I am aware that, having spoken on this Question before the debate was adjourned, some weeks ago, any remarks which I may now make must be made with the indulgence of the House. I am, however, now desirous of stating in a few words the reasons why I feel compelled to vote against the second reading of this Bill. We have to start from this point—that the general law of this country lays it down that no witness shall be examined in any civil or criminal proceeding in a court of justice without the previous administration of an oath to him. The definition of an oath, on which the noble Lord opposite (Lord Robert Montagu) made some remarks, is very simple. It seems to be a declaration of a fact in which there is a direct appeal to the Supreme Being. An affirmation may be equally founded on a religious feeling, but there is no direct appeal to the Deity; and that is the distinction between it and an oath. I do not concur in the construction which the noble Lord put upon the adjuration at the end of the oath. There are certain classes of religionists who object—but who object on religious grounds, mind—to the taking of an oath; and the law coming to their aid has said that, in the case of members of the Society of Friends, of Moravians, and some other limited religious denominations, they may, on declaring that they belong to those per- suasions, be relieved from the obligation of being sworn, and may make an affirmation. That is a distinct statutory exception made in favour of these defined classes of persons, and it is not founded on any notion that the sanction of an oath is inoperative as regards those persons, but upon their religious objection to the form of adjuration. Our law also provides that pagans, heathens—a Hindoo or a Chinese, for example—may be sworn in an English court of justice according to the form most binding on his conscience, such form being assumed to have a religious sanction. It is, therefore, not based on any narrow or intolerant rule of exclusion, but it always supposes that there is to be a religious sanction for the declaration. When a child is called as a witness the question arises whether he is not of too tender an age to be examined, and he is asked whether he believes in a God, and knows what is the meaning of a future state of rewards and punishments. If he answers in the affirmative he is allowed to be examined. That is an exact exemplification of the doctrine of our law, by which an oath is required in all cases. Now, this Bill is intended to relieve an entirely different class of persons. It is designed to meet the case of a defect of religious belief, where the obligation of an oath is not held by the individual who appears as a witness to be binding on his conscience, but he has no conscientious objection to take an oath, regarding it as a mere idle form of words. ["No!" and "Hear, hear!"] I assume that he is perfectly willing to take the oath. ["No!"] Well, but consider the facts. He does not make the objection; the objection is made to him, and he does not express a desire to make an affirmation. He presents himself as a witness. The counsel on the other side says, "I object to such a person being examined without questioning him as to his religious belief." Before the oath is tendered to him he is asked those questions which will bring out the fact whether he has that religious belief which the law holds to be necessary as the sanction for it. If he answers in the negative the Judge does not permit him to be sworn. In the case which the hon. Baronet (Sir John Trelawny) quoted as the foundation for his Bill, the objection was made by the attorney on the opposite side to the witness, and the witness having answered in the negative, she was told to stand down, and could not be examined. This measure seems to me to proceed in an entirely wrong direction. It assumes that the witness refuses or is unwilling, from alleged conscientious motives, to be sworn. That is not the fact. I am not aware of any class of witnesses ever coming forward and saying, "We are of no religious belief, and we object to be sworn." Being based on an entirely erroneous view of the circumstances for which a remedy is required, the words of this Bill are so general that it might include persons who have a religious belief, but who, nevertheless, think that an affirmation is less binding than an oath. That class of witnesses whom we hear of as kissing their thumbs, being so ignorant as to suppose that that evasion will prevent the effects of their being duly sworn, might take advantage of this enactment, and say they desire to make an affirmation in lieu of an oath. Well, what is the duty which this Bill imposes on a Judge? He is to be satisfied of the sincerity of the witness's desire to make an affirmation. What possible evidence can be furnished to a Judge to satisfy him on such a point? He can only take the witness's declaration itself as the proof of his sincerity in making it. Then we come to the affirmation, namely, "I, A. B., do solemnly, sincerely, and truly affirm and declare that an oath would not, in my judgment, oblige me more closely to speak what is true than my deliberate undertaking so to do." If this Bill were passed I think an objection might still be taken to allowing a witness with no religious belief to affirm on the ground that an oath would not oblige him at all. It would be open to counsel to contend that notwithstanding what was intended by the framers of the Bill, it did not meet the case of a person who was deficient in religious belief, and that he could not take this affirmation. I greatly doubt whether this measure would not exclude the very class whom it is meant to relieve, and admit the very class whom it is not meant to relieve, and, therefore, I confess that I am unable to give it my support.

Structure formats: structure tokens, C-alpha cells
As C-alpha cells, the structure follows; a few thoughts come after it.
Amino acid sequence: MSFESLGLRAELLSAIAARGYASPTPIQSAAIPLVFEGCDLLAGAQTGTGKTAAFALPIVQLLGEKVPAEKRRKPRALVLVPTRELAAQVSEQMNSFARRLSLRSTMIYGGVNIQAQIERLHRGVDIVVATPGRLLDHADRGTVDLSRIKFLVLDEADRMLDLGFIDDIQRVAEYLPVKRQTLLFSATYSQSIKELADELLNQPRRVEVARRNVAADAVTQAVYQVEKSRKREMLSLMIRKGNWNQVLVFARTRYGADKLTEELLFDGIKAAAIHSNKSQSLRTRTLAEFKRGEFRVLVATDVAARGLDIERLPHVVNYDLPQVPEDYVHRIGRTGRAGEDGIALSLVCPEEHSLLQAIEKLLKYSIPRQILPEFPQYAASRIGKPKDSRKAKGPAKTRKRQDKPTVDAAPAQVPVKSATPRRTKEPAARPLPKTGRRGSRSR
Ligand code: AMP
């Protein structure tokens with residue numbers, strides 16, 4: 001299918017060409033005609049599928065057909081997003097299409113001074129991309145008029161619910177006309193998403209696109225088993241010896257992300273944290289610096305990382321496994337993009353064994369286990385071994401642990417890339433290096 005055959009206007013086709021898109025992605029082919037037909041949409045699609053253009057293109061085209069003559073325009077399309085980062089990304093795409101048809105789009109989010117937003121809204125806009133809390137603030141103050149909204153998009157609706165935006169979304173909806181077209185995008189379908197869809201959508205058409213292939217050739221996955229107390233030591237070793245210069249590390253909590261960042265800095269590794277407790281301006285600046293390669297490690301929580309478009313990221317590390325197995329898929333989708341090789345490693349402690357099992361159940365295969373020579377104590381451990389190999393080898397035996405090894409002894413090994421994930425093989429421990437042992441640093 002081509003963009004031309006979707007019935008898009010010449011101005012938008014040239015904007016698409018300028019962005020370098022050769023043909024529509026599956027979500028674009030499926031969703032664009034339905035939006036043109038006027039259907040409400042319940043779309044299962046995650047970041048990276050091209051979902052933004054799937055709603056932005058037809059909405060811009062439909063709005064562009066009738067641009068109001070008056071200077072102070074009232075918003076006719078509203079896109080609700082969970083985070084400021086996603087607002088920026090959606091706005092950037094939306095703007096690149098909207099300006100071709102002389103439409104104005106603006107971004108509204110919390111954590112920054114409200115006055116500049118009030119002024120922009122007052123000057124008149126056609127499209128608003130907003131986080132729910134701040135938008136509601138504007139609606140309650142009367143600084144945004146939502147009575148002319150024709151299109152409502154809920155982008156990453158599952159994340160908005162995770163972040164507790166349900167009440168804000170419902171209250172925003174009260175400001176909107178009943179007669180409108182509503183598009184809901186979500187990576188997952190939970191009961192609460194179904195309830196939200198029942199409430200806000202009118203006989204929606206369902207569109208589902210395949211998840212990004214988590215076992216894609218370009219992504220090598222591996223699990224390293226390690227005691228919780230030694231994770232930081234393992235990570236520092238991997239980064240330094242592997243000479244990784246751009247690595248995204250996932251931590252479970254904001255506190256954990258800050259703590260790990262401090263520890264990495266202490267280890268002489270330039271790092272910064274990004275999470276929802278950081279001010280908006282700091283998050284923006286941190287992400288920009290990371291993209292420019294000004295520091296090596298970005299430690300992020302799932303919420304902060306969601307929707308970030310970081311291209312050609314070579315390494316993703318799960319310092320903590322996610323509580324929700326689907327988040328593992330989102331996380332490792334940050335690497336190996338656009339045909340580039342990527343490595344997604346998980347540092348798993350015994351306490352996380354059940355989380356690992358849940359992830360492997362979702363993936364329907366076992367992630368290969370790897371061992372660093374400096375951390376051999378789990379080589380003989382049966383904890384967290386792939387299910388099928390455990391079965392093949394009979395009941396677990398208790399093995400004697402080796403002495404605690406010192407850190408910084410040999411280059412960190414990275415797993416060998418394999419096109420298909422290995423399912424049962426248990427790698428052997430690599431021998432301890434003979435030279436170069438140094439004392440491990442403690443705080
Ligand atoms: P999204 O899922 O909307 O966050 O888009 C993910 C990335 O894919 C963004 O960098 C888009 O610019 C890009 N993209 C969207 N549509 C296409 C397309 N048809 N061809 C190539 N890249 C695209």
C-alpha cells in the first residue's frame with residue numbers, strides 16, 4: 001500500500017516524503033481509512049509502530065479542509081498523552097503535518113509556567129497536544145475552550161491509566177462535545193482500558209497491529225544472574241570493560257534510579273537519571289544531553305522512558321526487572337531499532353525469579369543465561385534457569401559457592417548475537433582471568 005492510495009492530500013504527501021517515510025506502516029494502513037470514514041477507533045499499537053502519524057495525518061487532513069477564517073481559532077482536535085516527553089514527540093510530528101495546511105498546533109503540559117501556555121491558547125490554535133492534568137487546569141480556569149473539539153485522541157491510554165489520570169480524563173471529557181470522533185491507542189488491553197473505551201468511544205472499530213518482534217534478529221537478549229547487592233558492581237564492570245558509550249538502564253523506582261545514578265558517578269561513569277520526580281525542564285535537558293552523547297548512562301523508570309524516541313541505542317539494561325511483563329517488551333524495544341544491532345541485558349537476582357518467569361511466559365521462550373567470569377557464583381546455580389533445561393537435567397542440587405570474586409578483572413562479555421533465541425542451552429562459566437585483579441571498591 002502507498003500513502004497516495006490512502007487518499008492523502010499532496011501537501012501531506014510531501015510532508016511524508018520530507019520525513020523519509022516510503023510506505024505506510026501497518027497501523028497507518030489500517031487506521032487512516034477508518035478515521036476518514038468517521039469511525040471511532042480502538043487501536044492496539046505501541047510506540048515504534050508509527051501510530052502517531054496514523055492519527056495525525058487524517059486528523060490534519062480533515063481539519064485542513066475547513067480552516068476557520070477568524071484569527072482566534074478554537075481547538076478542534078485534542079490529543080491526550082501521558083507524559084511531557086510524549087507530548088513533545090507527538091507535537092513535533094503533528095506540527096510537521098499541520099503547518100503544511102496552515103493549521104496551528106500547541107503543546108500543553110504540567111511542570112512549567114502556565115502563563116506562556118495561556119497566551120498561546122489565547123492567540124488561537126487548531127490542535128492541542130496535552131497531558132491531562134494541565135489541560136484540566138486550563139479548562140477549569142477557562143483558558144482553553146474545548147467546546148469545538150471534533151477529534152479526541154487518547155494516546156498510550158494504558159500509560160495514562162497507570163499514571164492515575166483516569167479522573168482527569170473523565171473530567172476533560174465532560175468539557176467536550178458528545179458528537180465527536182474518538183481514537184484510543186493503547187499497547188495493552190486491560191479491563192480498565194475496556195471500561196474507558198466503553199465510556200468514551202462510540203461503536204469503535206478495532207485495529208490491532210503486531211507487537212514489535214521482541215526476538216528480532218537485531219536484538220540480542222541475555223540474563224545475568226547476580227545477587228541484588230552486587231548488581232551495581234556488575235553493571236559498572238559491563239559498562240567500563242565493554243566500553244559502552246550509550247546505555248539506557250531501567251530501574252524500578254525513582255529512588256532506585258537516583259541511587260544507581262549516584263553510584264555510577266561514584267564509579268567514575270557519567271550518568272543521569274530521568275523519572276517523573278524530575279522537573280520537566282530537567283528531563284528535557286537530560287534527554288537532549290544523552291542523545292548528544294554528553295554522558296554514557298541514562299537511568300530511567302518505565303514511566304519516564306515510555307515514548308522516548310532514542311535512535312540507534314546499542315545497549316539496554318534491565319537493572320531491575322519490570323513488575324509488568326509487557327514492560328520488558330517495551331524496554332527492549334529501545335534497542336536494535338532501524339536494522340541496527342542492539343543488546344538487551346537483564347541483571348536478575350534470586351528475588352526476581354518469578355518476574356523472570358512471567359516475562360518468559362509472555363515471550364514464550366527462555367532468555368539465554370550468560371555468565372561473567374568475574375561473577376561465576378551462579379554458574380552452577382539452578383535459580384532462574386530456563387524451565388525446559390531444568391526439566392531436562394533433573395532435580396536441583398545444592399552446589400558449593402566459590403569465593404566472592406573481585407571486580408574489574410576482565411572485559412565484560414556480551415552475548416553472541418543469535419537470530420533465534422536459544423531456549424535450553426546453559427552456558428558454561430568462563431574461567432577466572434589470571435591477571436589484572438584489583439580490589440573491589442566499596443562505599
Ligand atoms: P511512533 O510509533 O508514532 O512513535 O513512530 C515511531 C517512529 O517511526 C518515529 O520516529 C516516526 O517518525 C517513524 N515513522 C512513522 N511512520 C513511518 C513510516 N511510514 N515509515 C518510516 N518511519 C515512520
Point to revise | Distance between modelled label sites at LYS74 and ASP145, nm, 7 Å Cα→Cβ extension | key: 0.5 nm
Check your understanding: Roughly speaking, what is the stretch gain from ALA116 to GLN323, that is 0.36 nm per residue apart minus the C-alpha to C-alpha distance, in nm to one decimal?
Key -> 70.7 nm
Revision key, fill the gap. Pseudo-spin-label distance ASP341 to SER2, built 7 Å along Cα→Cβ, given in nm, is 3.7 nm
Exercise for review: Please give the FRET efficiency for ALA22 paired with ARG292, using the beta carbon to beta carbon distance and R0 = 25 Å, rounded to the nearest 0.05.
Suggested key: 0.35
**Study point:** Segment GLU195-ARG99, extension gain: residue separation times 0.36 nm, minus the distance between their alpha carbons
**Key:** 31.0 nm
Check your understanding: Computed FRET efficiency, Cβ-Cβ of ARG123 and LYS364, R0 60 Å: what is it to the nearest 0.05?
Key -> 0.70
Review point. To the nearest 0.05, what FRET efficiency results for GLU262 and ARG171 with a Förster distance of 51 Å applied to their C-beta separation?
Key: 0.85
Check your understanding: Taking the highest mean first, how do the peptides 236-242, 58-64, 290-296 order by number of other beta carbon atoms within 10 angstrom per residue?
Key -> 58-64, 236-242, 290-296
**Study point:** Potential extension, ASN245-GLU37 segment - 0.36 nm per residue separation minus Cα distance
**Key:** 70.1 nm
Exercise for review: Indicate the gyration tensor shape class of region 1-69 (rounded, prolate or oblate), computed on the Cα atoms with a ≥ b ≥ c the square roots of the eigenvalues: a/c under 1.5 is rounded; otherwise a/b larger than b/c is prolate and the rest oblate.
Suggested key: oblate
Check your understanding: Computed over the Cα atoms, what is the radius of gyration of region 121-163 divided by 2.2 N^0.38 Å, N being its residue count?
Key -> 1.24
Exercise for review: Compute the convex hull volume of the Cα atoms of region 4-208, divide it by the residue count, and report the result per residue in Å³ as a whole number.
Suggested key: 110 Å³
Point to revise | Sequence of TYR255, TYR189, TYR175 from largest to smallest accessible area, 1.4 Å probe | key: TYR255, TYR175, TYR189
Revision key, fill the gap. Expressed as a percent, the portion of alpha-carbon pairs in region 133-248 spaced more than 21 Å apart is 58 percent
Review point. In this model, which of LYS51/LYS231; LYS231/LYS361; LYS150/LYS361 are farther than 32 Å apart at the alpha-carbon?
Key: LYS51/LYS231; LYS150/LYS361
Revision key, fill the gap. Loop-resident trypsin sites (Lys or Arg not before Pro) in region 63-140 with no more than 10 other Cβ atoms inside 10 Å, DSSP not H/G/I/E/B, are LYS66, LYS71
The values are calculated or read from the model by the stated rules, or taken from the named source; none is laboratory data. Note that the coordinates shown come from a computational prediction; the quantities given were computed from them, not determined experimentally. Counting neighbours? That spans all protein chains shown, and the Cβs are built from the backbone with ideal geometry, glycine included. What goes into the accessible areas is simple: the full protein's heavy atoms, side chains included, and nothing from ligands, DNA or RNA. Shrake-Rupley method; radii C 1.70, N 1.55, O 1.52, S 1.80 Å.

said, that was a very difficult and important question, but many feelings and ideas had been imported into it which were wholly foreign to the point at issue. Eschewing fierce language, let them calmly consider the real business before them." They had to ask themselves which of the sanctions now employed they could dispense with, and yet not invalidate the testimony of a witness. In most cases the sanction, of the law and of public opinion was united with the sanction of religion. "Where those sanctions acted separately, if he found that without the aid of public opinion the oath had no influence at all, then he said the sanction of religion alone did not give additional security for the veracity of the witness. In past times every member of a University took an oath that he would conduct himself according to certain laws in that University; and the next minute he broke the oath; yet he did not consider himself a perjurer because the opinion of the world did not consider it a perjury. That was a case in which public opinion did not go with the religious sanction, and in which the religious sanction was wholly useless. The noble Lord (Lord Robert Montagu) was clearly wrong about the meaning of the oath. It meant that the Almighty would visit with His punishment the man who swore falsely. The right hon. Gentleman was quite right as to the question put by the opposing counsel to ascertain the witness's religious faith. If the man who was asked whether he believed in a future state of rewards and punishments had a great regard for truth, and, in spite of public opinion, replied "No, I don't believe that," he was immediately set aside. But if he was a person who, following his own views of what was for his own benefit, was so careless of the truth as to tell a lie and say, "I do believe," then he was sworn. Which of these two men was the most likely to speak the truth? Was the oath any guarantee for the veracity of the witness? He wanted that argument to be answered—not himself to be abused, though to that he was very much accustomed. Tour rule of law excludes a trustworthy man and accepts one who is not trustworthy. They might surround the witness with various sanctions, but the only one that had any real effect was that of law and public opinion. That sanction they obtained equally well by an affirmation. He appealed to the right hon. Gentleman the Home Secretary, who was not a man obfuscated by bigotry, to direct his mind to the question of what was to be done to insure the chances—for they were only chances, that they should receive truth from a witness in a court. The noble Lord talked of a man divesting himself of his religious belief as he would take off his coat. No man divested himself of his religious belief by an act of his own will, but he was divested of it by circumstances. All he could do was to obtain all the evidence he possibly could, and then it depended upon the Almighty whether he must believe or not. To say that the rule of law did no harm was to say what all experience contradicted. If a man was known to be an unbeliever anybody might knock him down or rob him, and then tell his counsel to ask him whether he believed in a state of future rewards and punishments. The man would answer "No;" and thus, from his very determination to tell the truth, having admitted that he did not believe a religious sanction attached to an oath, his evidence could not be taken, the rogue or the thief would escape with impunity. This was not an imaginary case, but one of frequent occurrence. His hon. Friend was not open to the imputation that he was an enemy of religion. The change which he proposed was likely to do good by enabling persons to give evidence who could not now do so, and it ought, therefore, to receive the sanction of the House.